It’s worth noting that reactions from across the Jewish and non-Jewish worlds generally avoided mentioning the religion of the alleged perpetrators.

“There is no silver bullet when you deal with religious radicals who are willing to kill and die in the name of their God. But at the very least, we owe it to all past and future victims to look for ways to disturb their souls.”

“We denounce this heinous outrage and appeal for zero tolerance of those who use terror to advance their objectives,” World Jewish Congress President Ronald Lauder said in a typical reaction.

“We are outraged by the horrific attacks on churches and hotels in Sri Lanka. … Such outrages cannot be tolerated in any civil society, and nobody should be forced to worship in fear. We hope that those who are responsible and those who aided and abetted them will be brought to justice,” Conference of Presidents of Major American Jewish Organizations Chairman Arthur Stark and Executive Vice Chairman Malcolm Hoenlein said in a statement.

Those statements could have applied to any terrorist act, regardless of motive.

It’s true that when the motive is fascism or racism or any motive not rooted in religion, we are less reluctant to condemn the ideology, as we saw with the recent attacks in Pittsburgh and New Zealand. But maybe because a disproportionate number of violent acts are committed in the name of Islam (including many against other Muslims), we are especially and justifiably sensitive not to paint all Muslims with that dark brush.

The question remains, however: Can we add something to our condemnation of religious terrorism that would deter such acts without offending a whole religion?

I realize there is no silver bullet when you deal with religious radicals who are willing to kill and die in the name of their God. But at the very least, we owe it to all past and future victims to look for ways to disturb their souls.

“Can we add something to our condemnation of religious terrorism that would deter such acts without offending a whole religion?”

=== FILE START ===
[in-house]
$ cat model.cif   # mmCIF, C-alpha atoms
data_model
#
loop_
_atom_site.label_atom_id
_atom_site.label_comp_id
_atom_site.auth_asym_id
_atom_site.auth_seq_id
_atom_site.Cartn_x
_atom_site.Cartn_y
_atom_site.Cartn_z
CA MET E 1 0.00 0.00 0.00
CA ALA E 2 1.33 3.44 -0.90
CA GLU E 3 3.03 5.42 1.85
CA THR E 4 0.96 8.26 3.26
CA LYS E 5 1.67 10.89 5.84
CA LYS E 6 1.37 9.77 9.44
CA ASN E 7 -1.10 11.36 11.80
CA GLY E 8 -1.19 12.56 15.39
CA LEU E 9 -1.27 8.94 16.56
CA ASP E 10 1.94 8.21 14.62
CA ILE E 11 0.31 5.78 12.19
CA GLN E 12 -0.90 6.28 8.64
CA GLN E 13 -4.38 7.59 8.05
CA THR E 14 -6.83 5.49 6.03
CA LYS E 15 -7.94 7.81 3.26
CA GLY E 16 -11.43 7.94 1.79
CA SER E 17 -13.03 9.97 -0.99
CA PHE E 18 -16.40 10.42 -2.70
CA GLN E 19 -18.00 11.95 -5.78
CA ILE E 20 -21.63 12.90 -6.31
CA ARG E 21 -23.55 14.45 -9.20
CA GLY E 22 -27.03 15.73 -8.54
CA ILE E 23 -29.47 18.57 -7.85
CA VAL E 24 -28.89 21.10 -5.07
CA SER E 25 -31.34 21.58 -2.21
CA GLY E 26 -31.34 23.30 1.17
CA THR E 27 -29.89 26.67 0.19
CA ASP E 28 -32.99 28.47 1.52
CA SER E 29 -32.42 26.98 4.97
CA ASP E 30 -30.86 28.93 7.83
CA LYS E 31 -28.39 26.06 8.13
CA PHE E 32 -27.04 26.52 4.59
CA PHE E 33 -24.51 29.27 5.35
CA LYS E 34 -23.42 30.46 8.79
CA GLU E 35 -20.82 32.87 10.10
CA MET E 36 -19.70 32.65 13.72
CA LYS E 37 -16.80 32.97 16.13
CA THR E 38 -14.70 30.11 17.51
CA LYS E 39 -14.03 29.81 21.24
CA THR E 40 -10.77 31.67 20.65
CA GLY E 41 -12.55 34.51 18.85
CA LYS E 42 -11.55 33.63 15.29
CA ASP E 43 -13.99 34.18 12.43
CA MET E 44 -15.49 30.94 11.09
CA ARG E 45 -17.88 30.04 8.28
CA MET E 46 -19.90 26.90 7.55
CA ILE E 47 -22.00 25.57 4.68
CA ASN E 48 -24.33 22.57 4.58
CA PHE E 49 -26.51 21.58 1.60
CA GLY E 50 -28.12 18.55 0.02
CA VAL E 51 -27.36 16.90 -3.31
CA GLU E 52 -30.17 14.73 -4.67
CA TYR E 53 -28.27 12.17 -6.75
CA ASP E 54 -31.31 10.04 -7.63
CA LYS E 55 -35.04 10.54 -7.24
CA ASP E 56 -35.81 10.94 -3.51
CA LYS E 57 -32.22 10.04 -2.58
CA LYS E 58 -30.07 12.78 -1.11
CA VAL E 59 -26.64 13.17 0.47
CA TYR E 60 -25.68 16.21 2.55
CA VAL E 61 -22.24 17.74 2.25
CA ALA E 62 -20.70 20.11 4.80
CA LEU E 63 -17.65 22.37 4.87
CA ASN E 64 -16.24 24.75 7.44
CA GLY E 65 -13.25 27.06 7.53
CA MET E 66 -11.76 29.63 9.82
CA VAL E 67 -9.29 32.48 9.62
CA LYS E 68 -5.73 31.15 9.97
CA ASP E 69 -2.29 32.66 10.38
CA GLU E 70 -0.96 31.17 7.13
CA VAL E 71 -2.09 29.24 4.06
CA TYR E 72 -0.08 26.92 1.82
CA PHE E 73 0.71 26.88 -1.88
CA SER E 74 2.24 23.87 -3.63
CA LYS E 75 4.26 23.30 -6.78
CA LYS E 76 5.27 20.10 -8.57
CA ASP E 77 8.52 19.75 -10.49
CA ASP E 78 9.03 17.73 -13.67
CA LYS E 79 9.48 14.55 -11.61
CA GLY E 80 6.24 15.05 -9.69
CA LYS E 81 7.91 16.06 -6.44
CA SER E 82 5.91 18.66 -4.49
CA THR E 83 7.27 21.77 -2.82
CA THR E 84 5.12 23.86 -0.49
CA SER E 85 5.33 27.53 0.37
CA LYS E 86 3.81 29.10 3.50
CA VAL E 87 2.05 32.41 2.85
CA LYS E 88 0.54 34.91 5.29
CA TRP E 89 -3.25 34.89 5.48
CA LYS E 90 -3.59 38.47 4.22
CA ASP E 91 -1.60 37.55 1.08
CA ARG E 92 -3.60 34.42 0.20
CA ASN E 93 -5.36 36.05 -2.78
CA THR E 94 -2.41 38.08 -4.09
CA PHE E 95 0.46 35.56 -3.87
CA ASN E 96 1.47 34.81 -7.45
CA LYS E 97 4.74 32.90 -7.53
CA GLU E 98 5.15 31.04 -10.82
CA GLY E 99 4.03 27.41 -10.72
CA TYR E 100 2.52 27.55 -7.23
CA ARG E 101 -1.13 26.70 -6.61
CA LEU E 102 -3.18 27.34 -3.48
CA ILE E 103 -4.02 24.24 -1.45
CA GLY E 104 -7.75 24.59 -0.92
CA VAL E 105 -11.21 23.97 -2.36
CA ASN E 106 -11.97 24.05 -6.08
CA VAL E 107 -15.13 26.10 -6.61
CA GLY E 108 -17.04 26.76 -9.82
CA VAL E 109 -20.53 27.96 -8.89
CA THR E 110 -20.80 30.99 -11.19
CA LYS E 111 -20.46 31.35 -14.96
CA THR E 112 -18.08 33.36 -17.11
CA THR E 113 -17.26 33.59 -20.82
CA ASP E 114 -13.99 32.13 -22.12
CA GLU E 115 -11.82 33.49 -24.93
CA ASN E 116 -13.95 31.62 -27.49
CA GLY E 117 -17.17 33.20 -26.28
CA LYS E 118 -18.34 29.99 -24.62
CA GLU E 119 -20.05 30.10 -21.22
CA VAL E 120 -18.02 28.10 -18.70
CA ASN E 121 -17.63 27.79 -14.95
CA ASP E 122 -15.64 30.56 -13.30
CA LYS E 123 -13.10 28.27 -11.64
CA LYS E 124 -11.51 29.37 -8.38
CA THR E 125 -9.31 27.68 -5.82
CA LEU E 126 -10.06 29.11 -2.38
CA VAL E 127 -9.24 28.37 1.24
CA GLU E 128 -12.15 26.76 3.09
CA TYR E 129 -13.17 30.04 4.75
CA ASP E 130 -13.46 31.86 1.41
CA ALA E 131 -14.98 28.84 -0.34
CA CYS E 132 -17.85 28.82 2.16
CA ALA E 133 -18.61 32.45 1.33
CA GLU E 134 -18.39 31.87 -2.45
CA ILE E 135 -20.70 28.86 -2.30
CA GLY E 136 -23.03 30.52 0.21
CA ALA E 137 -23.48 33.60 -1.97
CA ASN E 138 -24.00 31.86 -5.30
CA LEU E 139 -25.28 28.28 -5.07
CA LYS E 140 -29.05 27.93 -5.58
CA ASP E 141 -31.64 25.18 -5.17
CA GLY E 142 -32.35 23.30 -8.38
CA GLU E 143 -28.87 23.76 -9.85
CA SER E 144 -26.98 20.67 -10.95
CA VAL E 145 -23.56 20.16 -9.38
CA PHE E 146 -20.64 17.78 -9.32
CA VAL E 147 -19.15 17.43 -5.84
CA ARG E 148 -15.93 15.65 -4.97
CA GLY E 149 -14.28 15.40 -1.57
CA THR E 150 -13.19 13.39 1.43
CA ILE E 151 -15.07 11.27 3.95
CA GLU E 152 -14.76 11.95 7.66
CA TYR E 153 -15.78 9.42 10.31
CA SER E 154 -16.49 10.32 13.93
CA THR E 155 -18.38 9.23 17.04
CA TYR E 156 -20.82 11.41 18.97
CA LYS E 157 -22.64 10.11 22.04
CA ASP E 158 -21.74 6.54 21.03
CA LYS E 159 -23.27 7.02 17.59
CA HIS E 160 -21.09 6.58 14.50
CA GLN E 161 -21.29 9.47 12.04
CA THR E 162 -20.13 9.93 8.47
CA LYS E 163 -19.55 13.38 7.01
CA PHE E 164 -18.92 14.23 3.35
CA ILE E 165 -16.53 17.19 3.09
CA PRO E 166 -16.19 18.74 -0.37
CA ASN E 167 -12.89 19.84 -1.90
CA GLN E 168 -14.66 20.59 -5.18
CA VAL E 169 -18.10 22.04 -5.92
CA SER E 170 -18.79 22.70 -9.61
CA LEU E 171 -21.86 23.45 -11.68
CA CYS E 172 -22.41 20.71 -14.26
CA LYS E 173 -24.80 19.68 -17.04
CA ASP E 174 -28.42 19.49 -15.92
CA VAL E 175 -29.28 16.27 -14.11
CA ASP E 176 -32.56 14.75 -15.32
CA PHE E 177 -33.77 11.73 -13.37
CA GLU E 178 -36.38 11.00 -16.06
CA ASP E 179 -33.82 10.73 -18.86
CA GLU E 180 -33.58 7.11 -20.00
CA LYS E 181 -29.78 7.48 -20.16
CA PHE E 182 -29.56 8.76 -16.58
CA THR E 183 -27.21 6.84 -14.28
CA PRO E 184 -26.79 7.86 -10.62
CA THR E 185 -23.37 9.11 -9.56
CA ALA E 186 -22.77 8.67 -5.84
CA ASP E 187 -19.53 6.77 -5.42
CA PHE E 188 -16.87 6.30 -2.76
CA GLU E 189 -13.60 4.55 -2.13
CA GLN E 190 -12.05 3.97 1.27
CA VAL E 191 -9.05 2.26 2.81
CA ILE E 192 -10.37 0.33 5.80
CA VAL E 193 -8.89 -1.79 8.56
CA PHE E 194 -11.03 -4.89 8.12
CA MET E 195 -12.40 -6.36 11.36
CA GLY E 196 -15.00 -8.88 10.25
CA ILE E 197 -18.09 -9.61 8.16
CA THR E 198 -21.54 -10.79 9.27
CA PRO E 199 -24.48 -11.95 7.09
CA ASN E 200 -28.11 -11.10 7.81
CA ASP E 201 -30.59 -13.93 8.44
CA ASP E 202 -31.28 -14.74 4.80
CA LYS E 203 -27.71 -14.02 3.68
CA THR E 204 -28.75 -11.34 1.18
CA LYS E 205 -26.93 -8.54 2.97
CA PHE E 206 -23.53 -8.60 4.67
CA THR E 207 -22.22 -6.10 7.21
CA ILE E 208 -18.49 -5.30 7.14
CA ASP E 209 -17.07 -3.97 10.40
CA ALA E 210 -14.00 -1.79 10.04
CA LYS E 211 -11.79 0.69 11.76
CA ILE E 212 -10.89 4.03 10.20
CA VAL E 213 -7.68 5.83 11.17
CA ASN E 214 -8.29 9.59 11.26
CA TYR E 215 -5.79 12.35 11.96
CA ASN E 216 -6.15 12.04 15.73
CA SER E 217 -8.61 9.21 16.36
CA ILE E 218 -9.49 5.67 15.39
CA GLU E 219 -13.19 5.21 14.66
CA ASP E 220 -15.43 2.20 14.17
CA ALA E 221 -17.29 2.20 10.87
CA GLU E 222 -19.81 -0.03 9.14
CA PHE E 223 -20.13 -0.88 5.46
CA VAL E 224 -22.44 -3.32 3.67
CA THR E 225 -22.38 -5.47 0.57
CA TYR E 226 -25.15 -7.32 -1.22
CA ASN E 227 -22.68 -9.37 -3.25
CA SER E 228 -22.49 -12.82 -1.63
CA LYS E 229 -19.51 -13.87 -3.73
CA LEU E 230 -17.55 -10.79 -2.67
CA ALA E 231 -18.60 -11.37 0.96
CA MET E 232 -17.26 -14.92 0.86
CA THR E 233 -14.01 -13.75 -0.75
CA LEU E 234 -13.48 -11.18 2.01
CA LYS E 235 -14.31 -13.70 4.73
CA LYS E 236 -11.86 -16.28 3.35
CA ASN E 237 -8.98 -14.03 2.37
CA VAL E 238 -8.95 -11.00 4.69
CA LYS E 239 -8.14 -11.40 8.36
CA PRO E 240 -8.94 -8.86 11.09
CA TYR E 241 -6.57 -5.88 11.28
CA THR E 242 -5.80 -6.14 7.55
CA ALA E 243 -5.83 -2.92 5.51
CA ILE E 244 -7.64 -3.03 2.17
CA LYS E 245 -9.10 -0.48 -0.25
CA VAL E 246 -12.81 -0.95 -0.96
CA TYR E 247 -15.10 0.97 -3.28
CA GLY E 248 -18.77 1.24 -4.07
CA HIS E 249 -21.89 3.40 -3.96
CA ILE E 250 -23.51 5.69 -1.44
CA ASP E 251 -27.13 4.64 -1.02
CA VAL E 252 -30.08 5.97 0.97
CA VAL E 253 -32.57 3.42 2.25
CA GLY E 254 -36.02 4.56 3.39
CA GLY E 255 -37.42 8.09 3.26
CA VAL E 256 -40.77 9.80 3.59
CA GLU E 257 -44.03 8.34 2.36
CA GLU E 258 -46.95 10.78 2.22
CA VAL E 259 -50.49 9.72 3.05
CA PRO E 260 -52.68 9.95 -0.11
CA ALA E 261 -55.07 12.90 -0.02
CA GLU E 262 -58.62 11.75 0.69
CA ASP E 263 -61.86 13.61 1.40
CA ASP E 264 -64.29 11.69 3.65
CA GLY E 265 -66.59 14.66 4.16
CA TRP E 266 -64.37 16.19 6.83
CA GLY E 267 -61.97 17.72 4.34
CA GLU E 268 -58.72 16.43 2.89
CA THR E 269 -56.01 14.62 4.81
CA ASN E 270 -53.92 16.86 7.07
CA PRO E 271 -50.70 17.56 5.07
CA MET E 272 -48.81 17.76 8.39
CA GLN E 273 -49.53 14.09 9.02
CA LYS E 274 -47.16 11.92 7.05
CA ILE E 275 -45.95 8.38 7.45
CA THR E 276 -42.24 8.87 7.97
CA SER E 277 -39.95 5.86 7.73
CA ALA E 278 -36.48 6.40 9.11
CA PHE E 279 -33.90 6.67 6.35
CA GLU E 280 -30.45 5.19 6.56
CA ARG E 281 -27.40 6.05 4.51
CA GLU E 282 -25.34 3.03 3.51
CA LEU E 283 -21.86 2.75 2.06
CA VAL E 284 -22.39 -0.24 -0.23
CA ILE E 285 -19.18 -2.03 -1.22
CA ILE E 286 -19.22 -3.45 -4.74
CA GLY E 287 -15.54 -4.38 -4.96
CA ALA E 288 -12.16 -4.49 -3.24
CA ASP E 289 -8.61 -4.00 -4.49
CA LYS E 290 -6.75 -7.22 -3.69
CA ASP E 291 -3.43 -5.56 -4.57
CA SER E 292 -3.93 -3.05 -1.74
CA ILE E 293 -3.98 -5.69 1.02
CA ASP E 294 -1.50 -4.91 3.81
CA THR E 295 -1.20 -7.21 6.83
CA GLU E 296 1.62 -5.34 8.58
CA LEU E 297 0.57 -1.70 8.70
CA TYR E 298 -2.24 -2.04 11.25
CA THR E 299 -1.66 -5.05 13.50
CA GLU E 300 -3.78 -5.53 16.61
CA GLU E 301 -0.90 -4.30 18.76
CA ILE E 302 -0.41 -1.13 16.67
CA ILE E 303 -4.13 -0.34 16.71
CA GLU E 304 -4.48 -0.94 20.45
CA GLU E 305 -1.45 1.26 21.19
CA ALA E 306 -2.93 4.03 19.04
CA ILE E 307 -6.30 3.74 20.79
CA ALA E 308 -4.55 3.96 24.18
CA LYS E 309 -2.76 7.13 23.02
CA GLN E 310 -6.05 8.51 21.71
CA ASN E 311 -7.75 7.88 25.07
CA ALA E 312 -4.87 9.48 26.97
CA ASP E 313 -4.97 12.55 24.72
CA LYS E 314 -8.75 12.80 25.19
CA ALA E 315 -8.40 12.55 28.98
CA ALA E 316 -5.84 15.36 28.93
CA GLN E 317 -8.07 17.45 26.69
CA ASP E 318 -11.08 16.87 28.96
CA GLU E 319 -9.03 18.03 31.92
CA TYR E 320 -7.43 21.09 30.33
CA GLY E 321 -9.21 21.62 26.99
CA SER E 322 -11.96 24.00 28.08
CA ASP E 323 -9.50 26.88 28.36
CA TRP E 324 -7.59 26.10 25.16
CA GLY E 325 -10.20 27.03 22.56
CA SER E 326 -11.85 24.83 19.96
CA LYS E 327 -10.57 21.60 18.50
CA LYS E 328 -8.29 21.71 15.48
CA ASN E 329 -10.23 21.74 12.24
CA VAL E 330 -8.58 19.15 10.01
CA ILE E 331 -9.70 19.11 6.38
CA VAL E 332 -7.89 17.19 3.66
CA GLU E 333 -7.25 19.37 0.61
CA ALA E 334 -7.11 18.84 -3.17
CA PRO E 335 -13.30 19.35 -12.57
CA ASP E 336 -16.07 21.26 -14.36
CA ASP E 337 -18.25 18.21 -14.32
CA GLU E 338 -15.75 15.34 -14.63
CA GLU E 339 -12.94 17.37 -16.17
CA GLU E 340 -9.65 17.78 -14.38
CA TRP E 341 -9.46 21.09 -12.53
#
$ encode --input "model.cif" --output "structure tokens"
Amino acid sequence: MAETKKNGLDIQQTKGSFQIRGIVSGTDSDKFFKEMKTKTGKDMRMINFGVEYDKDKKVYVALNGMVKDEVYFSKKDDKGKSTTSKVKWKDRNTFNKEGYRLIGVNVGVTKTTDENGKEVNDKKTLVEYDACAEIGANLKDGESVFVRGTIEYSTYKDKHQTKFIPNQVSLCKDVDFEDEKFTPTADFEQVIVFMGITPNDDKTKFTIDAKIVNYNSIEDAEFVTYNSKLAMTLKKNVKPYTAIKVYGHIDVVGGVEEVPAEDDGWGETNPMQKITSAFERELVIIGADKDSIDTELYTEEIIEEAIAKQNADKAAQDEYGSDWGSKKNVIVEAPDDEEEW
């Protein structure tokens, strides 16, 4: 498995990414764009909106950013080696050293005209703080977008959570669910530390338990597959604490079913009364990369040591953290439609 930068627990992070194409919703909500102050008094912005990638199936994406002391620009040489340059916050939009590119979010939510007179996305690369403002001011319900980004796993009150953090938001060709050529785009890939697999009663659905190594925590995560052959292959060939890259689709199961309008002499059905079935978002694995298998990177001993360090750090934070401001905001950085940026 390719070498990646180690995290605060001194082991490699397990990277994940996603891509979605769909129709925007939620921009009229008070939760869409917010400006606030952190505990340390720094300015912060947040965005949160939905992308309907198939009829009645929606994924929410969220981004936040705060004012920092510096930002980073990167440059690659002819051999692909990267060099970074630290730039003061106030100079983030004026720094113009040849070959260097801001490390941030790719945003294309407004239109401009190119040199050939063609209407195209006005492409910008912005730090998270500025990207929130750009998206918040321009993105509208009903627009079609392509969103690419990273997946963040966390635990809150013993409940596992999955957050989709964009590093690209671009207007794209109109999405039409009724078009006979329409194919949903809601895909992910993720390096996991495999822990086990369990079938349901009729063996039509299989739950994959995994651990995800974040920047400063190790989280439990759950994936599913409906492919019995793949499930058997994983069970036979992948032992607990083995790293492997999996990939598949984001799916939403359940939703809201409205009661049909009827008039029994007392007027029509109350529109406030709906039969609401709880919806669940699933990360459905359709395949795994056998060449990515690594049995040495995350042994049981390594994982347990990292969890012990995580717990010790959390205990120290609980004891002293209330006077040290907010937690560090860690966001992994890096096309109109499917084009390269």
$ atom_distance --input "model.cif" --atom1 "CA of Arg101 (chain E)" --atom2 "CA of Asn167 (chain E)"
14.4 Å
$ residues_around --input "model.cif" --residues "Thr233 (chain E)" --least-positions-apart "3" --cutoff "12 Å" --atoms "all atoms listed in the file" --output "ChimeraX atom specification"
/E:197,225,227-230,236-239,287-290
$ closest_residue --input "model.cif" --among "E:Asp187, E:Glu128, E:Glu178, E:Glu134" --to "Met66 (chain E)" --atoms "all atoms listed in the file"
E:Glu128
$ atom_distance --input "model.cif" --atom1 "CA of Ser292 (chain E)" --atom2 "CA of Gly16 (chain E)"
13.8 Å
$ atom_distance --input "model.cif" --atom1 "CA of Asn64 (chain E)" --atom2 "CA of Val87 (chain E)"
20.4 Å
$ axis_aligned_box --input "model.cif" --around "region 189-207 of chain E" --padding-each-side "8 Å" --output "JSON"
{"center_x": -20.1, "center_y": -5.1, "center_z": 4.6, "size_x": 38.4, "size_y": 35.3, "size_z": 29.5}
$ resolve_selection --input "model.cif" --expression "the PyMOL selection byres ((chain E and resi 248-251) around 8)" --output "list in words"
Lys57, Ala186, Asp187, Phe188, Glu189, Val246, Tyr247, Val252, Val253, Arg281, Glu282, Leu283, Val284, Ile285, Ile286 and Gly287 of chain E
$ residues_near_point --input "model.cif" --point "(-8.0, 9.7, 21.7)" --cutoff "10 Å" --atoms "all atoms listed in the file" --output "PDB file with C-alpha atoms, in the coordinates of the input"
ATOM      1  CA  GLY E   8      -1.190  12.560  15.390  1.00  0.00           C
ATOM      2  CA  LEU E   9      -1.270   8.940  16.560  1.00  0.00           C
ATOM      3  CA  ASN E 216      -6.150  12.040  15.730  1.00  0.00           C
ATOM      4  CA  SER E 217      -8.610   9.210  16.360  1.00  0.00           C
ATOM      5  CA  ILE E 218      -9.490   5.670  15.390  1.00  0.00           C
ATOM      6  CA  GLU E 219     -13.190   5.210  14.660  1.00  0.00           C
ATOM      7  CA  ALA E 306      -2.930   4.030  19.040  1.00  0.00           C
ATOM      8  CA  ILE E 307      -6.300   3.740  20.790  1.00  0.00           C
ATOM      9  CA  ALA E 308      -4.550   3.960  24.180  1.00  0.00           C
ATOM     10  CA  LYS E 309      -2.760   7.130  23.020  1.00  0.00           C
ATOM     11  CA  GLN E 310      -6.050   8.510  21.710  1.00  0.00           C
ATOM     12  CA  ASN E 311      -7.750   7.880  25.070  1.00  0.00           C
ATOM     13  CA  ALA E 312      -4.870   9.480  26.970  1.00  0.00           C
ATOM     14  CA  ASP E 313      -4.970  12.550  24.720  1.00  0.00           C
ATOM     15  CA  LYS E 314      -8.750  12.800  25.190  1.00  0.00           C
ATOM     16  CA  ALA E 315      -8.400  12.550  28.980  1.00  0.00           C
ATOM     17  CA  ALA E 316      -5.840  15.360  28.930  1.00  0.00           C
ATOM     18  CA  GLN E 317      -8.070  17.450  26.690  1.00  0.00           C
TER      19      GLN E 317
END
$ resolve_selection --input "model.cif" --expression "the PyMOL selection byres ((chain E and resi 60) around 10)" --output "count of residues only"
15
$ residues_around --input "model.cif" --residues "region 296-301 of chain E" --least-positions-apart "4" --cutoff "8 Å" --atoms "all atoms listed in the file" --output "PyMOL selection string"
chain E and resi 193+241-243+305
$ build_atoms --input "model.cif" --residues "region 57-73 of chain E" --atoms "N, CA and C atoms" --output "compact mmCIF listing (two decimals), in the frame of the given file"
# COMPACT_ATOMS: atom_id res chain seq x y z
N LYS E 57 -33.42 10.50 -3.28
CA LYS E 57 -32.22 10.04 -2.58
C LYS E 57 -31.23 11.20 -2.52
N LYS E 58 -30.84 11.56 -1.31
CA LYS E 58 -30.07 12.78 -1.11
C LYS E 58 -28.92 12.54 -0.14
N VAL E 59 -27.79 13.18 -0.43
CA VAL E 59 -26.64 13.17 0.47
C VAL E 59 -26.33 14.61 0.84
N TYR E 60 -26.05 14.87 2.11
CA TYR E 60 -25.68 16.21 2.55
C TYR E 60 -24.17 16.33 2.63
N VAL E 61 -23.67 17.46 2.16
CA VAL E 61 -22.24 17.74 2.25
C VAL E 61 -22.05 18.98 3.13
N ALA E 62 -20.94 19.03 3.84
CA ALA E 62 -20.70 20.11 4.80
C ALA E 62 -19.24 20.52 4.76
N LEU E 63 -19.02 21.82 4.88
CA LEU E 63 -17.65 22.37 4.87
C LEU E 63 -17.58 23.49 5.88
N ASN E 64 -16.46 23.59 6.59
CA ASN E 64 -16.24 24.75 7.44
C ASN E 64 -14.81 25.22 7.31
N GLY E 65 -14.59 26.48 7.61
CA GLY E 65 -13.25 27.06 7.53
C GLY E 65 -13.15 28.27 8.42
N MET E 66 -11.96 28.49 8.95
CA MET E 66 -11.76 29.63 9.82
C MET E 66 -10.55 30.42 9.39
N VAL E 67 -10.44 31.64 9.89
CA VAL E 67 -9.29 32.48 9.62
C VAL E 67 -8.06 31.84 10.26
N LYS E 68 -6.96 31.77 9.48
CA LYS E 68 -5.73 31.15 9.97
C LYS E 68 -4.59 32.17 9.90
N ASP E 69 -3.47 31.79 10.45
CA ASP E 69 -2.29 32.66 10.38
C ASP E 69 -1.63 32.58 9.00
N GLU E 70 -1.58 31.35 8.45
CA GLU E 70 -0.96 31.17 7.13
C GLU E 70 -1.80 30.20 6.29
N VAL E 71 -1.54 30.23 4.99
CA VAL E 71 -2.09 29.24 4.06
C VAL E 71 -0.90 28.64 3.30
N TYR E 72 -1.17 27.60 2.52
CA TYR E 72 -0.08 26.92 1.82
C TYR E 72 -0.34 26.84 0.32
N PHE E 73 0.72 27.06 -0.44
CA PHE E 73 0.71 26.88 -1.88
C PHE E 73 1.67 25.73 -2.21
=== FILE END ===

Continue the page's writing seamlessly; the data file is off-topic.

One approach we have tried is to claim the terrorist has “hijacked” or “perverted” his religion. But because this is usually directed at the general public, it serves more to defend the image of the religion than to shame potential killers.

And let’s face it: Any fanatic who thinks he is doing God’s work by murdering innocent people — whether he is Christian, Buddhist, Jewish, Muslim or Hindu — deserves to be humiliated.

You can’t shame a religious killer with secular talk; the only language he’ll listen to is the language of faith. Religious leaders of all faiths must speak directly to their own fanatics and show them why they are sinners. The point is not to defend a religion with the public, but to shame and potentially even rehabilitate fanatics who harbor murderous beliefs.

As part of that process, we ought to consider different labels for religious killers. It’s not enough to use obvious labels like terrorist or extremist or hijacker of religion. That just feeds into their pathologies.

One label I heard recently that may have some merit in diminishing the fanatic is “half-believer.” A religious killer may be a believer, but he is incomplete. He has a long way to go before he can be a true believer. Because of his violent ways, not only is he not superior to others, he is inferior. That is pretty sobering. 

I have no clue, of course, if any language can ever get the attention of a religious extremist who is drunk on certitude. Maybe the only real language is the blunt threat of physical violence or “bringing them to justice,” which must always be our primary options.

But what I do know is that every time a fanatic murders in the name of religion, all religions suffer. It’s up to each faith to take responsibility for their own fanatics. That wouldn’t necessarily eradicate terrorism, but it would help rehabilitate religion.

Debating Religion’s Role in American Politics

From left: Reinhard Krauss, Rabbi Adam Greenwald, Rev. Jonathan Chute and Aziza Hasan discuss religion and politics at American Jewish University.

“We are here to learn something about the distinctive insights and perhaps the helpful wisdom that Judaism, Christianity and Islam can bring to this crucial conversation of religion and politics based on the long history of each of these religious traditions.”

With those remarks, Reinhard Krauss, executive director of the Academy for Judaic, Christian and Islamic Studies, introduced a recent panel discussion held at American Jewish University (AJU).

The event was part of the series “Let’s Talk About Religion,” which features interreligious conversations highlighting the similarities and differences between Judaism, Christianity and Islam.